The New York School of Philanthropy, the Bureau of Municipal Research, and the Trail of the Missing Women: A Public Administration History Detective Story

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Abstract

This article uses archival research to analyze the role of the New York School of Philanthropy as a precursor to the Bureau of Municipal Research (BMR) Training School, which is generally considered the first professional public administration program in America. The article argues that the two organizations had similar curricula and aspirations in the early Progressive period, particularly from 1907 to 1912, but that subsequently their paths diverged; the School of Philanthropy became associated with social work education rather than public administration and policy development. The argument is made that the subsequent divergence aided enforcing stereotypical gender assumptions in both fields and the disappearance of female pioneers from public administration history and textbooks between 1920 and the 1990s. As donor pressure sparked the divergence, the article also contributes to understanding the role of funding agents in setting public administration's research agenda.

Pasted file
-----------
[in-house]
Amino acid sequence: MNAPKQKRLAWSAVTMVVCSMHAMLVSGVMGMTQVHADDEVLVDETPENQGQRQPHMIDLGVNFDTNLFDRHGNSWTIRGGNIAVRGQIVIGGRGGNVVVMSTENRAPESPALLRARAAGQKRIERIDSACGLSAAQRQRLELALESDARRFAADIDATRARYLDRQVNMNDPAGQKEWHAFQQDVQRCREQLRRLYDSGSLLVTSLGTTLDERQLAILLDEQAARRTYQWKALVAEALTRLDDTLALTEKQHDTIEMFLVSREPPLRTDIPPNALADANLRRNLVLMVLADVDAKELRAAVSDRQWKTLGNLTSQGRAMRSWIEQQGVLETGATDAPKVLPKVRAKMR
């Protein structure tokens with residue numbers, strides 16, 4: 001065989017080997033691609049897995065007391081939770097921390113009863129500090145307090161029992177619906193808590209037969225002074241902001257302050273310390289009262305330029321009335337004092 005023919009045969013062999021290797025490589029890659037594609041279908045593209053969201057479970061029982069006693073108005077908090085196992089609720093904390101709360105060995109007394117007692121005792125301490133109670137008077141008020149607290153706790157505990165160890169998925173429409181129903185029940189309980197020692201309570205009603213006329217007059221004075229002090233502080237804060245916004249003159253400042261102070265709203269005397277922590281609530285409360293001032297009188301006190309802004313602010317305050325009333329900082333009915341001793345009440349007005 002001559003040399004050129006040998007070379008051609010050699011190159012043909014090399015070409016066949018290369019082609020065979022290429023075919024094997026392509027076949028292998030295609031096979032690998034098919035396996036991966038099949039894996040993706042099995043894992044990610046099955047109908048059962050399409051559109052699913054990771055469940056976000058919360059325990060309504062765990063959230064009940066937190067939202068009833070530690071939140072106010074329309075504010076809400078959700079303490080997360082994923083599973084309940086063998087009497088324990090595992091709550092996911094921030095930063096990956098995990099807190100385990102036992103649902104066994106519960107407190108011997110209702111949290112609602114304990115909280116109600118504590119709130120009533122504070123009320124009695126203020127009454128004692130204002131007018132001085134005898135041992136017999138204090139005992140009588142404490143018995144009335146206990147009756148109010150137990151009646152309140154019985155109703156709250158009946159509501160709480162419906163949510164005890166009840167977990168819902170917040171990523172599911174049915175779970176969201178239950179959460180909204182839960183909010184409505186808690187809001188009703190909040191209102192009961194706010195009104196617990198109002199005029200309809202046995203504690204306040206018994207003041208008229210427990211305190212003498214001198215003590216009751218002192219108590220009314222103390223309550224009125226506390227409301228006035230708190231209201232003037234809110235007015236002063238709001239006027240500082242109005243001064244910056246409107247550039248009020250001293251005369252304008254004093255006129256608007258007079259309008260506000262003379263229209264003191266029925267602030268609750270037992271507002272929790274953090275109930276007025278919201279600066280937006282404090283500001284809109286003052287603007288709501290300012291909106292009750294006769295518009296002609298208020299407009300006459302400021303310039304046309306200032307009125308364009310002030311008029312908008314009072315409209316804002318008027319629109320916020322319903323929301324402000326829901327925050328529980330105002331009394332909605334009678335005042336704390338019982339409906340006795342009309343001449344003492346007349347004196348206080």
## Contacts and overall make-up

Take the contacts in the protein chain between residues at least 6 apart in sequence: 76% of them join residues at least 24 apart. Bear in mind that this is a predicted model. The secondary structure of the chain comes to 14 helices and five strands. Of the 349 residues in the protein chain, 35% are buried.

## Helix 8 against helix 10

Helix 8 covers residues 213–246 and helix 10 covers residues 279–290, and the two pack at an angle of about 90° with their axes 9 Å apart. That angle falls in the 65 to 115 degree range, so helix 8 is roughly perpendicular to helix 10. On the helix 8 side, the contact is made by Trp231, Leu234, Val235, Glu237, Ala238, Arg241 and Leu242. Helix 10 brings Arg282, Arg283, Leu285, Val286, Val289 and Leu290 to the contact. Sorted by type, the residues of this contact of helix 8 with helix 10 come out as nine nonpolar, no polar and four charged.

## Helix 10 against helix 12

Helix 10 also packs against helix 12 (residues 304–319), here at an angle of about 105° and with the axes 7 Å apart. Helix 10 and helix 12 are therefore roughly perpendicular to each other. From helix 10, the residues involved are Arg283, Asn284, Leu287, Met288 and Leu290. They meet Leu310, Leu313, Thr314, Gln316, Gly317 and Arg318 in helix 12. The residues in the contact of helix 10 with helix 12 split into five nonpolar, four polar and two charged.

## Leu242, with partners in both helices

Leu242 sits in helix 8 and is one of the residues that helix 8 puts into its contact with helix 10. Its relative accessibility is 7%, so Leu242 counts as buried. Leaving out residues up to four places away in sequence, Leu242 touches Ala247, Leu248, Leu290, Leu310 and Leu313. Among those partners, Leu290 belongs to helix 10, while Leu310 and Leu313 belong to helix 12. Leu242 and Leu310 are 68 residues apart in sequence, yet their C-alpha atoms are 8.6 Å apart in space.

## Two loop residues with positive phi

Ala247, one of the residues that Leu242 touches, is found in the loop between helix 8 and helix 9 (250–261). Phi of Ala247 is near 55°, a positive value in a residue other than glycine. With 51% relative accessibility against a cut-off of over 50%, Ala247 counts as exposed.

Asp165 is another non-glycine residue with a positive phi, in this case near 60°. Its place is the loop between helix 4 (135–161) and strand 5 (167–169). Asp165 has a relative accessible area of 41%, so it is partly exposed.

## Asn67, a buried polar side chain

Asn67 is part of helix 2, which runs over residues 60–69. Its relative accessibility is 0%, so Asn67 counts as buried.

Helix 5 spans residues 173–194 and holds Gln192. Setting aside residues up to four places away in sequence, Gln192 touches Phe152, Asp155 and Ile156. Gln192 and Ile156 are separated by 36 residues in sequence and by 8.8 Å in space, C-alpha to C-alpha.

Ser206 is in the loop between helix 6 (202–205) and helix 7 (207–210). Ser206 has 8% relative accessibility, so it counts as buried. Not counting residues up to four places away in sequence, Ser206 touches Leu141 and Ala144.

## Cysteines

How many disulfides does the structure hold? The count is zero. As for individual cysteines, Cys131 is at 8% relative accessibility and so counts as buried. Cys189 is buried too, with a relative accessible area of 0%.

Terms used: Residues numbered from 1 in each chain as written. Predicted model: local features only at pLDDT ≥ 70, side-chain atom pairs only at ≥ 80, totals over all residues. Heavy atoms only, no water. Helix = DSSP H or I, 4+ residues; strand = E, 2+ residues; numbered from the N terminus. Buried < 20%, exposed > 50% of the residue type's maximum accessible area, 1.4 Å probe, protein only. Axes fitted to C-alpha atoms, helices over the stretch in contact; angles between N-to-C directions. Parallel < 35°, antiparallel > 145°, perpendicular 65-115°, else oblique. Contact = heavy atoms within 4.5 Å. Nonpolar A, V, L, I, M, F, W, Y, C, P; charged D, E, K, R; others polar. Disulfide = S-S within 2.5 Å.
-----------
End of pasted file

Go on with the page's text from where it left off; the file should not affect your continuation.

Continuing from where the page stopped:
Original languageEnglish (US)
Pages (from-to)3-21
Number of pages19
JournalAdministration and Society
Volume43
Issue number1
DOIs
StatePublished - Jan 2011

All Science Journal Classification (ASJC) codes

  • Sociology and Political Science
  • Public Administration
  • Marketing

Keywords

  • Bureau of municipal research
  • New york school of philanthropy
  • Progressive era
  • Public administration history
  • Women in public administration

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